(Associated Press) U.S. stocks are rallying to records Wednesday on stronger-than-expected earnings reports and continued optimism that new leadership in Washington will mean more support for the struggling economy.
The S&P 500 was 1.1% higher at 3,842.03 in morning trading, topping its record closing level of 3,824.68 set earlier this month. The Dow Jones Industrial Average was up 221 points, or 0.7%, at 31,151, as of 10:42 a.m. Eastern time, and the Nasdaq composite was 1.8% higher.
Joe Biden will take the oath of office to become U.S. president later in the day, and he has a flurry of executive actions at the ready. He has also pitched a plan to pump $1.9 trillion more into the struggling economy, hoping to act quickly as his Democratic party takes control of the White House and both houses of Congress.
The hope on Wall Street is that such stimulus will help carry the economy until later this year, when more widespread COVID-19 vaccinations get daily life closer to normal. Such hopes have helped stocks and Treasury yields rise, even as the worsening pandemic digs a deeper hole for the economy. Spiraling coronavirus counts and deaths have more workers applying for unemployment benefits and shoppers feeling less confident.
The incoming Biden administration is taking control of the White House from Donald Trump, who pointed again on Wednesday to the stock market’s level as validation of his work.
Trump’s preferred measure is often the Dow Jones Industrial Average, even though the S&P 500 is much more important to most workers’ 401(k) accounts. Under Trump, the Dow had an a annualized return of 11.8% from his inauguration until his last day in office, according to Ryan Detrick, chief market strategist for LPL Financial. That’s better than any Republican president since Calvin Coolidge during the roaring 1920s, but it’s not as good as the returns for Bill Clinton or Barack Obama.
Trump has said in the past that he should get credit for the stock market’s gains following his election but before his inauguration. The market got a “Trump bump” then on anticipation of lower tax rates, less regulation on companies and faster economic growth. Much of that did come to fruition, but the COVID-19 pandemic and the government’s response to it upended everything in 2020.
Gains for stocks have also been accelerating since Biden’s election, before his inauguration, on hopes that he and Congress can deliver more stimulus for the economy. The bump for stocks between the most recent Election Day and Biden’s inauguration is bigger than Trump’s bump before his inauguration.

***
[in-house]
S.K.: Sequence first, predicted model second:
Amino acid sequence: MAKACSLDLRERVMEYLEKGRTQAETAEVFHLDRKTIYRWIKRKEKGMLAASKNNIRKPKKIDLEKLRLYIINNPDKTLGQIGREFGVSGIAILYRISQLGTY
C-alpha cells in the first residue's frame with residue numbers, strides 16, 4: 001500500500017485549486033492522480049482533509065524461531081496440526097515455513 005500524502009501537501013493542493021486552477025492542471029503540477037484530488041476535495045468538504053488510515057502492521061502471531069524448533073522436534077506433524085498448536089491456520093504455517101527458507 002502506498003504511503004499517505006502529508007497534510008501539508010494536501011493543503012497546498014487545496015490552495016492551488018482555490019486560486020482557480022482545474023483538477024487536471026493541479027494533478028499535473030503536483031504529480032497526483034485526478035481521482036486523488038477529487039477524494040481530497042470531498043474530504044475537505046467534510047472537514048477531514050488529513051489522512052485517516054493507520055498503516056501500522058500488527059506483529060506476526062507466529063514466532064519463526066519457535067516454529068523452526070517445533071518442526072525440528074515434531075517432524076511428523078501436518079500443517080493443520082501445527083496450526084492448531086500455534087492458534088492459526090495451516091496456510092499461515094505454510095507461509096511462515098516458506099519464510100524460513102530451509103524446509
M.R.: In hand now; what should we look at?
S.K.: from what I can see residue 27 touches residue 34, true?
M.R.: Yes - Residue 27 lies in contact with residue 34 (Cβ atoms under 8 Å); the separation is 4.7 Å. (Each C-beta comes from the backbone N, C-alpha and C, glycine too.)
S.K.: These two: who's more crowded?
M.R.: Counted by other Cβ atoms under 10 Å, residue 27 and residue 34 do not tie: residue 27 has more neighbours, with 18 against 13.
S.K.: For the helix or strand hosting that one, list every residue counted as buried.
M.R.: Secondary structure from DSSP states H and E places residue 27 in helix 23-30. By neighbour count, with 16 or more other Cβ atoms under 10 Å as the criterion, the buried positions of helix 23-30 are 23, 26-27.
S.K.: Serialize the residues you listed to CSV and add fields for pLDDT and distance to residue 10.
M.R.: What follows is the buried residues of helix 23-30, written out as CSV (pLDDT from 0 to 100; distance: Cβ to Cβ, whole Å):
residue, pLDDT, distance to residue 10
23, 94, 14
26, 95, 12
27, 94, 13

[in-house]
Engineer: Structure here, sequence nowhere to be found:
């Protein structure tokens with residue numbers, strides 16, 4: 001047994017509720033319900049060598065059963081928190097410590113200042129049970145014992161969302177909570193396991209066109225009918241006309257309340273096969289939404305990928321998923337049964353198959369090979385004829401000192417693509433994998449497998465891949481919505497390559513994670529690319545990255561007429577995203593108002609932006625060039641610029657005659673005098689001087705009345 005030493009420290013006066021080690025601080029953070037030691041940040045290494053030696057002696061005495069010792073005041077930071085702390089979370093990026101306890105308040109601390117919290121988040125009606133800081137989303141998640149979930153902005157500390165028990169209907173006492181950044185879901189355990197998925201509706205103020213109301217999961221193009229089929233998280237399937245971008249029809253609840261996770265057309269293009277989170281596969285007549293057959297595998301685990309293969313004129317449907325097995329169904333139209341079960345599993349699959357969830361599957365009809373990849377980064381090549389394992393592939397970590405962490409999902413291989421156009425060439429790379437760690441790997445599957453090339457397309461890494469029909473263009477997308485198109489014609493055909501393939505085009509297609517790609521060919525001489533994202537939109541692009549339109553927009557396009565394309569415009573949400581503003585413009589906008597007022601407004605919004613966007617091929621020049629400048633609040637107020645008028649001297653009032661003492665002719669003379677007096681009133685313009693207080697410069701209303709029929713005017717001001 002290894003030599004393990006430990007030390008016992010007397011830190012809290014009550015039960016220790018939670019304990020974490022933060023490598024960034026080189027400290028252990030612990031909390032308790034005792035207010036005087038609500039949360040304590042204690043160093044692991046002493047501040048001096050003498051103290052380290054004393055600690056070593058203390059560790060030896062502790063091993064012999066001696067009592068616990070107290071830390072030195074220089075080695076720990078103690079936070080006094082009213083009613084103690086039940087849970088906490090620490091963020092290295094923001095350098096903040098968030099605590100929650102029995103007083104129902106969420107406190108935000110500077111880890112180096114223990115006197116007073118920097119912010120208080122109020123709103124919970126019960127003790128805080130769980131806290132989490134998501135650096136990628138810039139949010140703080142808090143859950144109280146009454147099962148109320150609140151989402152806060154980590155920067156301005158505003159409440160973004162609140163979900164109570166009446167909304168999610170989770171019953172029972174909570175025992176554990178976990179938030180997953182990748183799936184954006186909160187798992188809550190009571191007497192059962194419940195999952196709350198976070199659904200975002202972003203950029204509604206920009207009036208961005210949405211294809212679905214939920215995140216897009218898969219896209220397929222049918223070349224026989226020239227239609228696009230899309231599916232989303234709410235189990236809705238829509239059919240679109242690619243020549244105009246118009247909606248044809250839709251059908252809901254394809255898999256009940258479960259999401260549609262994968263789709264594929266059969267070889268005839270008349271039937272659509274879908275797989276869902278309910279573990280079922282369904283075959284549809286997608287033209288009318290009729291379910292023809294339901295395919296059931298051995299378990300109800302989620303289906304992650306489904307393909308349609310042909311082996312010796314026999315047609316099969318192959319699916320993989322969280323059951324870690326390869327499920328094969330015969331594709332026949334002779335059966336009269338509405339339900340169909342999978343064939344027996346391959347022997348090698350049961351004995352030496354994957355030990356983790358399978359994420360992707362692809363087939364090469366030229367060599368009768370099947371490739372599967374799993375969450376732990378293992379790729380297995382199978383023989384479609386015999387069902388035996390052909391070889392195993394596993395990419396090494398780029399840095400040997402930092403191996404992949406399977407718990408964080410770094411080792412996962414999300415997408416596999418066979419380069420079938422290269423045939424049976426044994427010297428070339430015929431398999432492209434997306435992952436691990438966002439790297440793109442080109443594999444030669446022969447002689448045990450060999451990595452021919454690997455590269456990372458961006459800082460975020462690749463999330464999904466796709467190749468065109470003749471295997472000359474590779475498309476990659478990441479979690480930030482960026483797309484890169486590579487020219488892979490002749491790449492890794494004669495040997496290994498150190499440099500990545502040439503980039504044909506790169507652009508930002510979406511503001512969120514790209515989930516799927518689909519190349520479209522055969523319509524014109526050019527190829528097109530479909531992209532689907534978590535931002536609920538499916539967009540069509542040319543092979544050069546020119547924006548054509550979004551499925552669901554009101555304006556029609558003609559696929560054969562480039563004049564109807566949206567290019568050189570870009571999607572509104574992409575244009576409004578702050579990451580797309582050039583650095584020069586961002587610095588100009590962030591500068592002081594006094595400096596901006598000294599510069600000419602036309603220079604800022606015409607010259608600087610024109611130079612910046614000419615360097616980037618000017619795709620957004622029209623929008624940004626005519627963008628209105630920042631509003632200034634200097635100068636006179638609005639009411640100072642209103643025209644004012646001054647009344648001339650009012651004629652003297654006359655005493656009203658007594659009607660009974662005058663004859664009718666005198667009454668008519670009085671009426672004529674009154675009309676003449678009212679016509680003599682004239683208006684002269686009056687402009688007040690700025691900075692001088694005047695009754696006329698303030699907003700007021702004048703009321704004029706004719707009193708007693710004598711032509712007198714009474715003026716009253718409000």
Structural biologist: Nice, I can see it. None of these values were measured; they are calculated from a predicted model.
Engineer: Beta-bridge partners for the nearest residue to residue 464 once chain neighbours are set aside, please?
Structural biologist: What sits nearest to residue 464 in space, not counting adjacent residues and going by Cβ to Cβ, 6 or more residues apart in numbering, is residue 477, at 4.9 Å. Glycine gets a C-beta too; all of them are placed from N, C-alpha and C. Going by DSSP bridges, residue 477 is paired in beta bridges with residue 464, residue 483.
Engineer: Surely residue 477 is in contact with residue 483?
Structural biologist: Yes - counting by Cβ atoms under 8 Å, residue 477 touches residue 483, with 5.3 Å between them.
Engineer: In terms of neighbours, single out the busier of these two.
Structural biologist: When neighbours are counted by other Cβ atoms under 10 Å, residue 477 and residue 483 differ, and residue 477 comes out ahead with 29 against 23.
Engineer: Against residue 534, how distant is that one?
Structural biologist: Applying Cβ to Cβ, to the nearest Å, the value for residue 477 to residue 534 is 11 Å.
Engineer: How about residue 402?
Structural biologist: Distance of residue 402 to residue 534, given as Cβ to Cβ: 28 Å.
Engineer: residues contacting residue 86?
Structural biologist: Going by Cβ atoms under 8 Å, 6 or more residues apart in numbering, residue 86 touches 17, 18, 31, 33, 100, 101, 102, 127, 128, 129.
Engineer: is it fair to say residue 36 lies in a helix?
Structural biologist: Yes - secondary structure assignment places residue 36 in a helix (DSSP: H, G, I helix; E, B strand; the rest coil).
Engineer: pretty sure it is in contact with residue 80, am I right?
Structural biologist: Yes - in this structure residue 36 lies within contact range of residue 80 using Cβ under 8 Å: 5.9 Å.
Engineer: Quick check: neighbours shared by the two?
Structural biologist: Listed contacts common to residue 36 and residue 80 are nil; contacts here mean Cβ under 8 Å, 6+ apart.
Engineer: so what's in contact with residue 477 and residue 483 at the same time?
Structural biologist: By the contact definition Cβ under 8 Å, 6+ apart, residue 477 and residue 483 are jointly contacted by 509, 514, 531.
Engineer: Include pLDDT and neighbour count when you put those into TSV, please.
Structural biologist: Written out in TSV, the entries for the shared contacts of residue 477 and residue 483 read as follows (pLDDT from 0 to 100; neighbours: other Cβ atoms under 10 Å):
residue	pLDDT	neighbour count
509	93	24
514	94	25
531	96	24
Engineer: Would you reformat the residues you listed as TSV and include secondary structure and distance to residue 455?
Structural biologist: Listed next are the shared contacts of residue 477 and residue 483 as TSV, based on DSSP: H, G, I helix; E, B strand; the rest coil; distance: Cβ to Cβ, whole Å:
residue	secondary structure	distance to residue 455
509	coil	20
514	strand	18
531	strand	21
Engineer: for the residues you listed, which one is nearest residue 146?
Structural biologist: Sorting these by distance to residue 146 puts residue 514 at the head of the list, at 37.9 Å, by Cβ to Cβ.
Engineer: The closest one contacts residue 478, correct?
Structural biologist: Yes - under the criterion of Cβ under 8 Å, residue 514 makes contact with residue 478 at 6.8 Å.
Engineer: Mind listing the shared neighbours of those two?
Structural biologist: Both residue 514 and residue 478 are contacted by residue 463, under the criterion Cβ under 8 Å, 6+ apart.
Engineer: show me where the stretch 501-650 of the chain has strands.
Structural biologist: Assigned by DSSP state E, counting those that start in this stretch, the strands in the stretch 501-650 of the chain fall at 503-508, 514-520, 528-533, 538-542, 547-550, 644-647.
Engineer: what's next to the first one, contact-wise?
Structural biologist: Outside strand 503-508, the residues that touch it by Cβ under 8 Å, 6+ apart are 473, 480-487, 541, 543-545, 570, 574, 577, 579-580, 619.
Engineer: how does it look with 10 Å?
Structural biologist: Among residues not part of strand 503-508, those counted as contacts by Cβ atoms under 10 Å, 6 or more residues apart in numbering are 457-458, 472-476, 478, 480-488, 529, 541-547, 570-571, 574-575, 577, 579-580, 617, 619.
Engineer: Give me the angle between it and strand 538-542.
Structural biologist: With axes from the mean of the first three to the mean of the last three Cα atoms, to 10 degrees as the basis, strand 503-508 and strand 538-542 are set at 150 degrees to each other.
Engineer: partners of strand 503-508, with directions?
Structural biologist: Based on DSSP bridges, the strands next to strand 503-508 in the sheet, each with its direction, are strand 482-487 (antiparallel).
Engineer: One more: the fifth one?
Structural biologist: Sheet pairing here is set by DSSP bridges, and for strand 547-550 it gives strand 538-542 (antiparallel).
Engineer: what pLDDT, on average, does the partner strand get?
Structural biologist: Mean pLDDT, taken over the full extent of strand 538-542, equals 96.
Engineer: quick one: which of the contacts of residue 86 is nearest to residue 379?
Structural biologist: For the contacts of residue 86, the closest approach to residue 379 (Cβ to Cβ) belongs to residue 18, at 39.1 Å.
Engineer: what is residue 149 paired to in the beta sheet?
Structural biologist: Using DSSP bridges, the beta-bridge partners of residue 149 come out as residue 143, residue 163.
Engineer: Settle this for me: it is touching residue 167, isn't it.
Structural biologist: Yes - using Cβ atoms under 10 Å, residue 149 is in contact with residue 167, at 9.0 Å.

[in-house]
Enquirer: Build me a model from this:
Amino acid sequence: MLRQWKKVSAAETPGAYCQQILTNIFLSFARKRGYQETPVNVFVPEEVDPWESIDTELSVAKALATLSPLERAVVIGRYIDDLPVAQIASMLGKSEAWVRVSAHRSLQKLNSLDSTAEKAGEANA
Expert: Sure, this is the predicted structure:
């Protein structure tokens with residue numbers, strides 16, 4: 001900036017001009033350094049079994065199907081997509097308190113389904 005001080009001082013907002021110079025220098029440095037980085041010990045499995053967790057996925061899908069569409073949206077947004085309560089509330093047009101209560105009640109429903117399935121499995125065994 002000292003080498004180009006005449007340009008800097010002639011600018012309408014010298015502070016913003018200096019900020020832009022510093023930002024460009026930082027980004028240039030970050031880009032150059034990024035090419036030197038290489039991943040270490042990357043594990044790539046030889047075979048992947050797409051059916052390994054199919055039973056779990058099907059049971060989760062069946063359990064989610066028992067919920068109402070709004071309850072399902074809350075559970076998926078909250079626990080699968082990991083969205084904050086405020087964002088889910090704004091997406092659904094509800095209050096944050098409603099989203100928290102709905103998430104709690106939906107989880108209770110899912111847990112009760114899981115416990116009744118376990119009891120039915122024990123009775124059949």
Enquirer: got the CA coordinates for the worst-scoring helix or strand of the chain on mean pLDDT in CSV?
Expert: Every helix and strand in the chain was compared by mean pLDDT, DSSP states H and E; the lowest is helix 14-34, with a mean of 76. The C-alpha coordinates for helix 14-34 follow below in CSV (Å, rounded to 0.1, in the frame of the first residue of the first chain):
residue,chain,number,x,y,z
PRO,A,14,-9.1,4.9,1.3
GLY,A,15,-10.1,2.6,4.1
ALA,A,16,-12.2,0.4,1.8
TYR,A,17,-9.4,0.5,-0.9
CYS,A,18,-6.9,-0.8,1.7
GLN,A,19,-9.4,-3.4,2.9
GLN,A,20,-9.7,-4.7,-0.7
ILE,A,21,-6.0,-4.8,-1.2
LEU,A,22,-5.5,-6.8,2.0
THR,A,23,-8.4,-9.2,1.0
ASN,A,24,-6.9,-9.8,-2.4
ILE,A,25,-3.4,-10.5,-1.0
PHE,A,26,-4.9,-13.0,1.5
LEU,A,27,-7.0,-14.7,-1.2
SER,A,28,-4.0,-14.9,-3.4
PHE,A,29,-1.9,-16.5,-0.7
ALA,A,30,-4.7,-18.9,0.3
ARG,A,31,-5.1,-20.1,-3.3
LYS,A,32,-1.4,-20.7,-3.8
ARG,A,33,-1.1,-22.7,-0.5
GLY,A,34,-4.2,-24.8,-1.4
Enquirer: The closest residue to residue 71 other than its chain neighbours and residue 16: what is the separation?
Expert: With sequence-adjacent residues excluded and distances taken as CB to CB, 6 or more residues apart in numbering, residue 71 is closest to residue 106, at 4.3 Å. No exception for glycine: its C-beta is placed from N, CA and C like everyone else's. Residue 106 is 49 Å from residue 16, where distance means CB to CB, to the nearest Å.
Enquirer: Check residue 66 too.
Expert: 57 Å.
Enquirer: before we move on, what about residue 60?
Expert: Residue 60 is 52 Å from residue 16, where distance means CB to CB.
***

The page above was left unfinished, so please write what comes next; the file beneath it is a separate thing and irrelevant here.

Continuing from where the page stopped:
Janet Yellen, Biden’s nominee to be Treasury secretary, told the Senate Finance Committee during her confirmation hearing on Tuesday that the incoming administration would focus on winning quick passage of its $1.9 trillion plan.
“More must be done,” Yellen said. “Without further action, we risk a longer, more painful recession now — and long-term scarring of the economy later.”
A better-than-expected start to earnings reporting season is also helping to lift the market Wednesday. Analysts came in with low expectations, forecasting the big companies in the S&P 500 will report a fourth straight drop in earnings per share because of the damage from the pandemic. But the vast majority of the earliest reports have managed to top forecasts.
Netflix jumped 14.2% for one of the market’s biggest gains after it said it ended last year with more than 200 million subscribers for the first time. It also said it made more in revenue during the end of 2020 than analysts expected, though its earnings fell short of forecasts. Business is good enough for the company that it says it likely doesn’t need to borrow anymore to cover its day-to-day operations.
Morgan Stanley initially rose after reporting much stronger earnings for the latest quarter than Wall Street had forecast, though its gain sputtered as the morning progressed. It was up 0.3%. A boom in young companies selling their stock for the first time helped Morgan Stanley get more business, and it booked more revenue from trading.
Companies will need to meet the market’s expectations — including for a huge rebound in profit growth through 2021 — to validate the big runs for their stock prices during 2020, even as their profits plummeted. Stocks of several companies slipped on Wednesday, even though they reported stronger profits than expected. Procter & Gamble fell 1.4%, for example.